U.S. Announces Sanctions On 271 Syrians Over April 4 Chemical Attack

Apr 24, 2017
Originally published on April 24, 2017 6:24 pm

The U.S. Treasury Department has announced sanctions on 271 individuals it says are scientists working on weapons development for Syrian President Bashar Assad.

The new sanctions are a response to the deadly April 4 chemical attack in Khan Shaykhun, an attack the U.S. government accuses Assad of carrying out against civilians.

"Employees of Syria's Scientific Studies and Research Center have been put on a U.S. blacklist," NPR's Michele Kelemen reports, "which means any assets they might have in the U.S. will be frozen and Americans are barred from doing any business with them."

In a statement, the Treasury Department called the spate of sanctions one of the largest the Office of Foreign Assets Control has ever imposed.

The department says in a statement that the SSRC is "responsible for developing and producing non-conventional weapons and the means to deliver them."

"These 271 SSRC employees have expertise in chemistry and related disciplines and/or have worked in support of SSRC's chemical weapons program since at least 2012," the Treasury Department alleges.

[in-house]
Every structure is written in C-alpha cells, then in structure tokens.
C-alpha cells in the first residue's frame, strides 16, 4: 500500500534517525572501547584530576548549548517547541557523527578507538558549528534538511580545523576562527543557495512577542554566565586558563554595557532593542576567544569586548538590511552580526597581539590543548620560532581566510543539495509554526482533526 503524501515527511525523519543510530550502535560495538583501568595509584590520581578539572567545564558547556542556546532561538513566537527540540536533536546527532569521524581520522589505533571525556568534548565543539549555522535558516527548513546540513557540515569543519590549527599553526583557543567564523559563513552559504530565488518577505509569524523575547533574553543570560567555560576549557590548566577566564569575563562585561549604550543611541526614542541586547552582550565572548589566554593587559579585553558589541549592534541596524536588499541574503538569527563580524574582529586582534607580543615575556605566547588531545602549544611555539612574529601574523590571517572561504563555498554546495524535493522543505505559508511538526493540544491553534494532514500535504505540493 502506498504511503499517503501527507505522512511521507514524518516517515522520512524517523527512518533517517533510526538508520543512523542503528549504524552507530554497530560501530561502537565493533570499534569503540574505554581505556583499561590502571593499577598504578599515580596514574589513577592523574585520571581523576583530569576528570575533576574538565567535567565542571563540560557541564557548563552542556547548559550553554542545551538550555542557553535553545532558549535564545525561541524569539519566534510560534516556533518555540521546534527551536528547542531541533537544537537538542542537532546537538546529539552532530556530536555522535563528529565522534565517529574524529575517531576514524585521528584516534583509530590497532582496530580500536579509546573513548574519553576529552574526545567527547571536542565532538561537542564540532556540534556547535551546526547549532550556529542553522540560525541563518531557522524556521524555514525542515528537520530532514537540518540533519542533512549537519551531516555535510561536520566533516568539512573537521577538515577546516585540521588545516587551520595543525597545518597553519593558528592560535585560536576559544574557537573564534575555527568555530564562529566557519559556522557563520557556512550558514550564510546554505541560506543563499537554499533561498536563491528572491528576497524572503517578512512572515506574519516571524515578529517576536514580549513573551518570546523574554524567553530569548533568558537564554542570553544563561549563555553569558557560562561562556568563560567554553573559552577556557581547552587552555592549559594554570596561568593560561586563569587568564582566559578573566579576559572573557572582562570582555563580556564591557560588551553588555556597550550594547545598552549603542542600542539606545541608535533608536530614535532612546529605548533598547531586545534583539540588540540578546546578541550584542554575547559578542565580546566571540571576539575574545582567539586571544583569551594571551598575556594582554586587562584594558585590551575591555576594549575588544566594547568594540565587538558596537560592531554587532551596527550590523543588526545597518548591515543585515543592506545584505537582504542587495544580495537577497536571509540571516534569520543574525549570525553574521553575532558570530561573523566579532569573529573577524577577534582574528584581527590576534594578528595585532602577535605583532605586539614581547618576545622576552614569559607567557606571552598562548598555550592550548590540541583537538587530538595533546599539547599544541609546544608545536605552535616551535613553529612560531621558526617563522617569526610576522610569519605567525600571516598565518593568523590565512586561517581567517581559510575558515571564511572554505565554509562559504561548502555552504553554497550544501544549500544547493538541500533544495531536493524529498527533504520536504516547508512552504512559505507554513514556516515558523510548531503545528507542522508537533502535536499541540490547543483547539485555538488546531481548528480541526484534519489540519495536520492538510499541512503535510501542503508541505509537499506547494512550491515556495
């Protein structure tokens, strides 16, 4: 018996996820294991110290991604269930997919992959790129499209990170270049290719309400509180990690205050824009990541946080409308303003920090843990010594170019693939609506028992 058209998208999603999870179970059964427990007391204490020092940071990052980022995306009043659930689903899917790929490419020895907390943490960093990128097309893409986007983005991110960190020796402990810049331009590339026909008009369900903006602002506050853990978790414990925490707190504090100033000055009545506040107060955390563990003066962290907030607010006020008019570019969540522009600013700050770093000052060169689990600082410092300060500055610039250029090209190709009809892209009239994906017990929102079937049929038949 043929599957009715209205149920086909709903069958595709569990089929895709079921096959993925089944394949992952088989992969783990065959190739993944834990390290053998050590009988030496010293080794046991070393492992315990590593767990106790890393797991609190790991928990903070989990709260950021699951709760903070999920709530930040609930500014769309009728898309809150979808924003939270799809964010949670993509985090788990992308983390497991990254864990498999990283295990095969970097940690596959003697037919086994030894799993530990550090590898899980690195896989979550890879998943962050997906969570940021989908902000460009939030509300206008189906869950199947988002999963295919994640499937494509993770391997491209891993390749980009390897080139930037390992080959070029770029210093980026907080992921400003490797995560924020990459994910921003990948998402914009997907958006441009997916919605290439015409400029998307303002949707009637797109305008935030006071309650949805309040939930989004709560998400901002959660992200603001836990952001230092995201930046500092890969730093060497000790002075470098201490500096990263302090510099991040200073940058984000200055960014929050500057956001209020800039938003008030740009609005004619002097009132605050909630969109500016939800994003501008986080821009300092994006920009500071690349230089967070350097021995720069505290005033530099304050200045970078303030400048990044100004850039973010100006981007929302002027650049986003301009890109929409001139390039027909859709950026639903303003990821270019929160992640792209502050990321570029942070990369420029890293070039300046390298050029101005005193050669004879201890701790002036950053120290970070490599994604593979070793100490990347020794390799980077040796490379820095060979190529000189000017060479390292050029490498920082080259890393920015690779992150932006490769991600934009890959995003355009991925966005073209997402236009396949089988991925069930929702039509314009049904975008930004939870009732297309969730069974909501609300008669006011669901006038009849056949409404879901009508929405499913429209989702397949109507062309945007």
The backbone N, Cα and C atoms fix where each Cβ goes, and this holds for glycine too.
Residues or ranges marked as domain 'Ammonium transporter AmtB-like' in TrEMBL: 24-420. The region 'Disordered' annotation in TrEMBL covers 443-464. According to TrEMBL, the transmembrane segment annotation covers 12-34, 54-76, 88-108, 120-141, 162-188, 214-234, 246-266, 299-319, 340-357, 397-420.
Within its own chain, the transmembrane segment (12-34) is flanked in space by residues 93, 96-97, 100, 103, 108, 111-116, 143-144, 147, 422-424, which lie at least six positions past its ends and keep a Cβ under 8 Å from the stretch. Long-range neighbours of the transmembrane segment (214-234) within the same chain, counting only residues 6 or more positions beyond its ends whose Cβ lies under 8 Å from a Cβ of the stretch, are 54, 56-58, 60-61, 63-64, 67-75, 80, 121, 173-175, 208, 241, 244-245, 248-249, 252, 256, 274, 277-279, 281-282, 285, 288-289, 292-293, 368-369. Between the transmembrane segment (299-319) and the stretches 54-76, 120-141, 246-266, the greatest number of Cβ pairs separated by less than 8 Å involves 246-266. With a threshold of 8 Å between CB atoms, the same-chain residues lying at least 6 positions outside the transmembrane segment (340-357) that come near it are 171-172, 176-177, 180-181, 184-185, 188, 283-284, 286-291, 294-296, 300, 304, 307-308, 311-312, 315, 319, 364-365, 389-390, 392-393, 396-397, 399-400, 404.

Earlier this year the OFAC sanctioned eight regime officials, as well as several organizations, over chlorine gas attacks in 2014 and 2015.

Reuters has more on the sanctions:

"Those designated were 'highly educated' individuals likely to be able to travel outside of Syria and use the international financial system even if they may not have assets abroad, administration officials said during a conference call with reporters. ...

"President George W. Bush first placed sanctions against the SSRC in 2005, accusing it of producing weapons of mass destruction.

"Although the Syrian government promotes the SSRC as a civilian research center, 'its activities focus substantively on the development of biological and chemical weapons,' U.S. officials said."

Assad has denied responsibility for the attack on Khan Shaykhun and even suggested that the attack — documented on video and described by international aid groups who treated victims — was entirely a "fabrication."

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